School bus driver disgusted with state of roads
SCHOOL bus driver Maryann Molloy is disgusted with the condition of the Livingstone Shire roads she drives every weekday.
She is not alone.
Mrs Molloy picks up at least 39 students each morning on the rural run, known as the Cobraball/Hidden Valley school run, and conveys them to different schools in Yeppoon.
She says the condition of the unsealed roads she traverses has got that bad, it has added 30 minutes to her route each morning.
Times that by two, because she does the same trip in the afternoons.
“In many places, I can’t go over 25kmh because of the state the roads are in,” Mrs Molloy said.
“In some parts you could walk faster than I can drive over them.”
But her concerns essentially have nothing to do with time and schedules.
Her priority is the safety of the school children.
“I’ve got 40 kids on here (bus),” she said.
“If something goes wrong, I don’t want to be on the end of that.
“Getting all of the kids to school safely is my job.”
Mrs Molloy said some parents were so concerned about some sections of road, they had carried out “patch-up jobs” themselves due to a lack of action from the council.
Coincidently, when The Morning Bulletin caught up with Mrs Molloy on one of the problem roads this week, two men who had carried out patch-ups drove by, stopped and confirmed her story.
Mrs Molloy said she had heard reasons come out of Livingstone headquarters for the poor condition the roads were in, including that they sustained damage from the high number of fire trucks that drove over them during the Cobraball bushfires last November.
But she is not buying that reasoning.
“They were bad before the fires and still nothing was done to fix them,” she said.
Mrs Molloy, who has done the Cobraball/Hidden Valley school run for two-and-a-half years and been with the bus company 25 years, said three roads in particular needed urgent repair work done - Newby Rd, Cottons Rd and Pine Mountain Drive.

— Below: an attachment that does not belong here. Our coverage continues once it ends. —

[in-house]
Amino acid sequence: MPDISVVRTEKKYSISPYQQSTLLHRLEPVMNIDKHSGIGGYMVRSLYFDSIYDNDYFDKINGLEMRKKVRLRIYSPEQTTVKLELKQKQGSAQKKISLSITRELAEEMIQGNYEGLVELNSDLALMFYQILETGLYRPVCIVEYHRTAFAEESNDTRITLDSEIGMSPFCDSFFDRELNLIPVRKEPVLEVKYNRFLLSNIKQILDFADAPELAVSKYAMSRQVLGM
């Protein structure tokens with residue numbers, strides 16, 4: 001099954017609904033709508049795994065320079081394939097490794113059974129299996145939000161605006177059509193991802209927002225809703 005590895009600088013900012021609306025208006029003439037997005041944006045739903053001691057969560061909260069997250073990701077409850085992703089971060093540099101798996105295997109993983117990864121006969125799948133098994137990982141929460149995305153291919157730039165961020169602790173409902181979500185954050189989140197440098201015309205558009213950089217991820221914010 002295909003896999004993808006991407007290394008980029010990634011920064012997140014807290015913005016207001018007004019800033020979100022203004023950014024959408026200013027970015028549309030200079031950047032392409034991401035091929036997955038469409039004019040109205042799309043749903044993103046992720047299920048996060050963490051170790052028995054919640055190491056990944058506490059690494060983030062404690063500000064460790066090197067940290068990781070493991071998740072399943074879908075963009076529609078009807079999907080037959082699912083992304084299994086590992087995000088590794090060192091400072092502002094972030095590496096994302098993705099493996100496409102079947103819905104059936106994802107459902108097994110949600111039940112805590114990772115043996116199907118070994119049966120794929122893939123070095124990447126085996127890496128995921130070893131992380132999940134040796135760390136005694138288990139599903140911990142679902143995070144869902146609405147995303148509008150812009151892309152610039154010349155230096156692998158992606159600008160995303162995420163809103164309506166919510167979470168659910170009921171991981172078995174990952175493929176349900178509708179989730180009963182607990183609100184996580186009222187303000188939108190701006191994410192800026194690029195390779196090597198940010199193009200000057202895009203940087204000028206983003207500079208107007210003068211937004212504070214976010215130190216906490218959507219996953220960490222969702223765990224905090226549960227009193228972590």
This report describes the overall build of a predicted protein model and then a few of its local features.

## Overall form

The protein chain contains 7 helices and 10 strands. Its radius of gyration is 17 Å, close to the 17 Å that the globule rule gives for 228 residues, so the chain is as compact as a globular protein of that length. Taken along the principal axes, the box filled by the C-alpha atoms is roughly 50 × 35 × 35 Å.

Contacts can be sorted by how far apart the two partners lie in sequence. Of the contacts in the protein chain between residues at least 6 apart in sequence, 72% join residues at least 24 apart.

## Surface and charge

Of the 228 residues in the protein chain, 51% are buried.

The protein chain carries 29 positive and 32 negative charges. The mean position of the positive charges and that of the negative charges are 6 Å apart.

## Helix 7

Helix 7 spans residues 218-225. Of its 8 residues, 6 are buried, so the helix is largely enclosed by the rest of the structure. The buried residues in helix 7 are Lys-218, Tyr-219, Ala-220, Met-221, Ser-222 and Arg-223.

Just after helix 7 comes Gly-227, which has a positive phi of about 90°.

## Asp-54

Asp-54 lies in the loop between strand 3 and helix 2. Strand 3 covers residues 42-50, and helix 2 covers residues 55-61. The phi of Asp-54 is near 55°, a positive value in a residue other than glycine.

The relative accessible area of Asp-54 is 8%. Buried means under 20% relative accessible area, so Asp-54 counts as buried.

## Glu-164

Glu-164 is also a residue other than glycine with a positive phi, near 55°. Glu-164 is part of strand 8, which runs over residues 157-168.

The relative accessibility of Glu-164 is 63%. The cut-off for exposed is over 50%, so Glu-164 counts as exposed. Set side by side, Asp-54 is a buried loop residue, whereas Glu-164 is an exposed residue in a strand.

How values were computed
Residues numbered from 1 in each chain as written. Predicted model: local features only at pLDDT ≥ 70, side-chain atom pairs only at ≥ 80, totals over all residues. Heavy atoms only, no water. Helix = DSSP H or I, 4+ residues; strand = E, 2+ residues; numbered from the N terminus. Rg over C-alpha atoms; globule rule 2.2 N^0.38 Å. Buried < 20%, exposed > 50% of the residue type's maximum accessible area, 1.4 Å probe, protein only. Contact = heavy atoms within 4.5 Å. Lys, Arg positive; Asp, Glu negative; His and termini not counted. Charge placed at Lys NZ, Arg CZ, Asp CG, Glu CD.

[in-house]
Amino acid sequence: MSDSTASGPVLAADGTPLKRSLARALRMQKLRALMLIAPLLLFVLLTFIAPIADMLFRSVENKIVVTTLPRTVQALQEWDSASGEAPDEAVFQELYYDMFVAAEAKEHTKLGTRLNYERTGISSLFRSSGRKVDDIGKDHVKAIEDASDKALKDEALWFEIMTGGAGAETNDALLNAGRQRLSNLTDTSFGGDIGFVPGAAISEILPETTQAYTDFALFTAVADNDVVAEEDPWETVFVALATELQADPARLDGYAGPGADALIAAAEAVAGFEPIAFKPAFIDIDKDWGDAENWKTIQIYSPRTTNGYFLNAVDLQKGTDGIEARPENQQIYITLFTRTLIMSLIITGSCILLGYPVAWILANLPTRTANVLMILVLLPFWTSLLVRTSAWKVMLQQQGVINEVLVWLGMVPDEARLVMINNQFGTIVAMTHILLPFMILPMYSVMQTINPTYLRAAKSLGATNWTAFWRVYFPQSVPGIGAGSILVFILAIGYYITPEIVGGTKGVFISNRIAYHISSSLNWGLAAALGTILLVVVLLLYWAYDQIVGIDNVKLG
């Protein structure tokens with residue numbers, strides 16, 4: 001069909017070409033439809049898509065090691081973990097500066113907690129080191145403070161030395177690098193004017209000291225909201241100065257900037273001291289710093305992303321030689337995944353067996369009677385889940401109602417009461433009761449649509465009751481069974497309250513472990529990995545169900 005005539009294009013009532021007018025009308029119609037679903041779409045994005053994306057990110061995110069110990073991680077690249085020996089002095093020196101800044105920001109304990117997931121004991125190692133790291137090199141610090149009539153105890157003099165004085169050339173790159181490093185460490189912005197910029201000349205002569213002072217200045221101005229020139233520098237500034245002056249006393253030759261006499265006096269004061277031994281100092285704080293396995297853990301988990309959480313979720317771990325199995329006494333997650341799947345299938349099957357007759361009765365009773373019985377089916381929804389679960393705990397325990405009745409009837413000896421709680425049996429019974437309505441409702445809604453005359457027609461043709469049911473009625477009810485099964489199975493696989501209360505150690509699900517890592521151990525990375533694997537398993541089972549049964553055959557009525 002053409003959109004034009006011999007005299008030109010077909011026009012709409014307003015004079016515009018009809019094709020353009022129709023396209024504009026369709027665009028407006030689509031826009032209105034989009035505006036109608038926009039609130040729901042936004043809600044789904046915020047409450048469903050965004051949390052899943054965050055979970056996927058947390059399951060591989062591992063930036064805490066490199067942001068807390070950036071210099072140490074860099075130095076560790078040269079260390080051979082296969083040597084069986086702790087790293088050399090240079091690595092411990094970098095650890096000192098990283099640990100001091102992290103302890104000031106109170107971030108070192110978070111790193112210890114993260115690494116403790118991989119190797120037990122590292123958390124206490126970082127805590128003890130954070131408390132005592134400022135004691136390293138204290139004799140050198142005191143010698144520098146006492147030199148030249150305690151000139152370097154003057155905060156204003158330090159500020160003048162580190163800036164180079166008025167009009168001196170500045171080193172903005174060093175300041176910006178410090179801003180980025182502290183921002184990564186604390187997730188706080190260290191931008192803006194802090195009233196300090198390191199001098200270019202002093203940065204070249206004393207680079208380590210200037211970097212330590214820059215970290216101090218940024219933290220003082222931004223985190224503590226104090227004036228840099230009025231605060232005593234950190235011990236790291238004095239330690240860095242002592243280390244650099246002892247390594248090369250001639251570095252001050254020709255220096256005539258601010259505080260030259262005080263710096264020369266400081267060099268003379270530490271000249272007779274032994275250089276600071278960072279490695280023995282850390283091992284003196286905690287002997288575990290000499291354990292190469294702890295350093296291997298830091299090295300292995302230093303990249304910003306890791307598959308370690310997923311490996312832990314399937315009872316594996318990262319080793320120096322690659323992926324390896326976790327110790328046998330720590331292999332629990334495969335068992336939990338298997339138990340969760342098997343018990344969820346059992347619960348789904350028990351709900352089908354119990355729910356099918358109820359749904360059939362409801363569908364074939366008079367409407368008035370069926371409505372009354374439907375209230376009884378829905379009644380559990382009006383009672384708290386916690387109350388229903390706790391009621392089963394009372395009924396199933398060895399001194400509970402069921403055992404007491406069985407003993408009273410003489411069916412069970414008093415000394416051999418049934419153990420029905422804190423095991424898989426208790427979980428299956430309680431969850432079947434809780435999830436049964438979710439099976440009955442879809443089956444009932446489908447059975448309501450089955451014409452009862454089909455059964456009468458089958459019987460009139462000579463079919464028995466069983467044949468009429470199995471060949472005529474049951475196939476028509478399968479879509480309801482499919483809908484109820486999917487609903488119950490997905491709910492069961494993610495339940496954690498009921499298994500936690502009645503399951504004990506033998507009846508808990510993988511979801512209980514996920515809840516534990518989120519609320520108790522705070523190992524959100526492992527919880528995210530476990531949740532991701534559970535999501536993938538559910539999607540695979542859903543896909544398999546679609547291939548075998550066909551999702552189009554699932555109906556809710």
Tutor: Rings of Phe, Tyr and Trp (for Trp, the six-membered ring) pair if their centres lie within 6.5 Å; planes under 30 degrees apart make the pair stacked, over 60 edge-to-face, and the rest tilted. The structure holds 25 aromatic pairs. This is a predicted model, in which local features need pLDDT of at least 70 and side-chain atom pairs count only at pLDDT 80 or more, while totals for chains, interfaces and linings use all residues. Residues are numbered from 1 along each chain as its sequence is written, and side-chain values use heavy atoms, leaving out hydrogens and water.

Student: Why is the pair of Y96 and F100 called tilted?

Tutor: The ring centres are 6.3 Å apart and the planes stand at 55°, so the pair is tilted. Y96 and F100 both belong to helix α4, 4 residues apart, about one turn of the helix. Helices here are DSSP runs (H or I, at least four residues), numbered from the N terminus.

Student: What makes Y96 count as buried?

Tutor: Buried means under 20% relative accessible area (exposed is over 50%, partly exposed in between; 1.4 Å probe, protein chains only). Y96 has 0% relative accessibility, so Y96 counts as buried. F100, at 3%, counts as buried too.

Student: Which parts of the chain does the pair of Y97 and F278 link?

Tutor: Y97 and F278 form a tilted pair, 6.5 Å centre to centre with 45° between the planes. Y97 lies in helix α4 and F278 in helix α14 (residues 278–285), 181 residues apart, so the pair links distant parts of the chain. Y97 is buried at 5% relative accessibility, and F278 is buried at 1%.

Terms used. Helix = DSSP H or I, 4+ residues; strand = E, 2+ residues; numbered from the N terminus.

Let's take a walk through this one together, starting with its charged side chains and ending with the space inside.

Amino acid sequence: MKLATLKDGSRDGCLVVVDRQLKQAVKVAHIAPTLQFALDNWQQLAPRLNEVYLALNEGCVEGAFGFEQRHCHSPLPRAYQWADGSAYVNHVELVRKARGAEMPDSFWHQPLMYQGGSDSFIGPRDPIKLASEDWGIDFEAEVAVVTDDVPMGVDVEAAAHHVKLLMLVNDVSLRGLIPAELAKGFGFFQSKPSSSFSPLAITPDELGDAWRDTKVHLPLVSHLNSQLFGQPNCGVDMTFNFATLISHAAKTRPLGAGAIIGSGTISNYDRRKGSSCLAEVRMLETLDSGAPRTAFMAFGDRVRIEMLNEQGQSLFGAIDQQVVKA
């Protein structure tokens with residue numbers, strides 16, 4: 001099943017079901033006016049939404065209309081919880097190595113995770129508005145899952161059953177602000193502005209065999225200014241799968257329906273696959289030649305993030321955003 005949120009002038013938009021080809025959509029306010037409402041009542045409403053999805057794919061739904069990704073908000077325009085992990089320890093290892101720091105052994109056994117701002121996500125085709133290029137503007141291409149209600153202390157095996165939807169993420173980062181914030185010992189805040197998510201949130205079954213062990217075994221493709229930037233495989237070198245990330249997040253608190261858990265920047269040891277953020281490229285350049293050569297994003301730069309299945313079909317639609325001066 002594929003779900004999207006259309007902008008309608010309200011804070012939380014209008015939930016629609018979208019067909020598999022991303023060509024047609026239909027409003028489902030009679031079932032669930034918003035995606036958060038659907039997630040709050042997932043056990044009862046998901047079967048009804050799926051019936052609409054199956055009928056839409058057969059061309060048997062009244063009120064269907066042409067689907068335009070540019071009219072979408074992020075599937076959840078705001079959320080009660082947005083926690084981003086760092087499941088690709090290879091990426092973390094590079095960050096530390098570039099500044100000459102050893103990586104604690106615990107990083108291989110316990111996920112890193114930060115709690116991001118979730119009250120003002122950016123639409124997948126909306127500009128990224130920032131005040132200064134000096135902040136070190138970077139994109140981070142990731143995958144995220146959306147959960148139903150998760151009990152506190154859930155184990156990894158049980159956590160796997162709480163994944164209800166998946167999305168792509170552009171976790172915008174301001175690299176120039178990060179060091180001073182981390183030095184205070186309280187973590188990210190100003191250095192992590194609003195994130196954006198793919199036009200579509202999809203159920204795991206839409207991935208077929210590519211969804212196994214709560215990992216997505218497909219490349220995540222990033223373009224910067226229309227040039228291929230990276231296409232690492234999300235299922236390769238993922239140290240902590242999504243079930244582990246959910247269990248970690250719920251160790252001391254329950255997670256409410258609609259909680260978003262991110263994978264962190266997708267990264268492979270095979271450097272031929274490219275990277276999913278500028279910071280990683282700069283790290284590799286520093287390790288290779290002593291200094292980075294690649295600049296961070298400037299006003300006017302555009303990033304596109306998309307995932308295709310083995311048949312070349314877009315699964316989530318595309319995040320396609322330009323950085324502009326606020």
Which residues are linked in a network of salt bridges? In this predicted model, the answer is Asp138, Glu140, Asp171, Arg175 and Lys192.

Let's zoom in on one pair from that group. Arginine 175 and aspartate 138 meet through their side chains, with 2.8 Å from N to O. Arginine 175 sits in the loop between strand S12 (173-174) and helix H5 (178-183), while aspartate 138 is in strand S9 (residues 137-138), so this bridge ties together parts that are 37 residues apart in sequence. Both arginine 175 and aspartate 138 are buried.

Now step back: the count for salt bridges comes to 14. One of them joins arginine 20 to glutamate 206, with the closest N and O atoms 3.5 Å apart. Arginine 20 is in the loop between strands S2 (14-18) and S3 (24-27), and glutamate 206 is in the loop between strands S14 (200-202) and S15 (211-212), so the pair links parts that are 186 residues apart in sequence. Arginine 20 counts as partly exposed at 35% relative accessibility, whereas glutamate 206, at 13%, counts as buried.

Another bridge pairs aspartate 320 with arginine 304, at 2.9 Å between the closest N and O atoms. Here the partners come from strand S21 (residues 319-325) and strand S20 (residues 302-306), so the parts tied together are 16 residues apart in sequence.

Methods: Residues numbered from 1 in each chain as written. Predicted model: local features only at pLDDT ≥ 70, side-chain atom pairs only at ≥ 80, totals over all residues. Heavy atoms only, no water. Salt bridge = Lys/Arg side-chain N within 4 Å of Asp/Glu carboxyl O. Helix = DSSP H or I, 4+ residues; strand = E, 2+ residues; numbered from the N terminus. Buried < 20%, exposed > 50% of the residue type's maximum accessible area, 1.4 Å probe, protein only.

She raised the matter with Cr Glenda Mather who has since raised it on several occasions at council meetings, saying that more needed to be done to fix the shire’s rural roads.
A council infrastructure spokesperson said the normal scheduling of road maintenance was made very difficult during the second half of last year.
“The combination of the prolonged drought conditions made effective maintenance grading challenging,” the spokesperson said.
“As well, the impact of the major fire event in November required some crews and resources to be directed to fire recovery related tasks.
“Following the Christmas break, works scheduled on the specific roads in question were further delayed by up to six weeks due to significant periods of wet weather.”
The spokesperson said crews had been progressively working through Cobraball, Bondoola and Pine Mountain areas and it was anticipated that all remaining roads in that area including Newby and Cottons roads would be completed over the next few days.
“Council certainly apologises for any concerns or inconvenience that these unintentional and unforeseen delays may have caused,” the spokesperson said.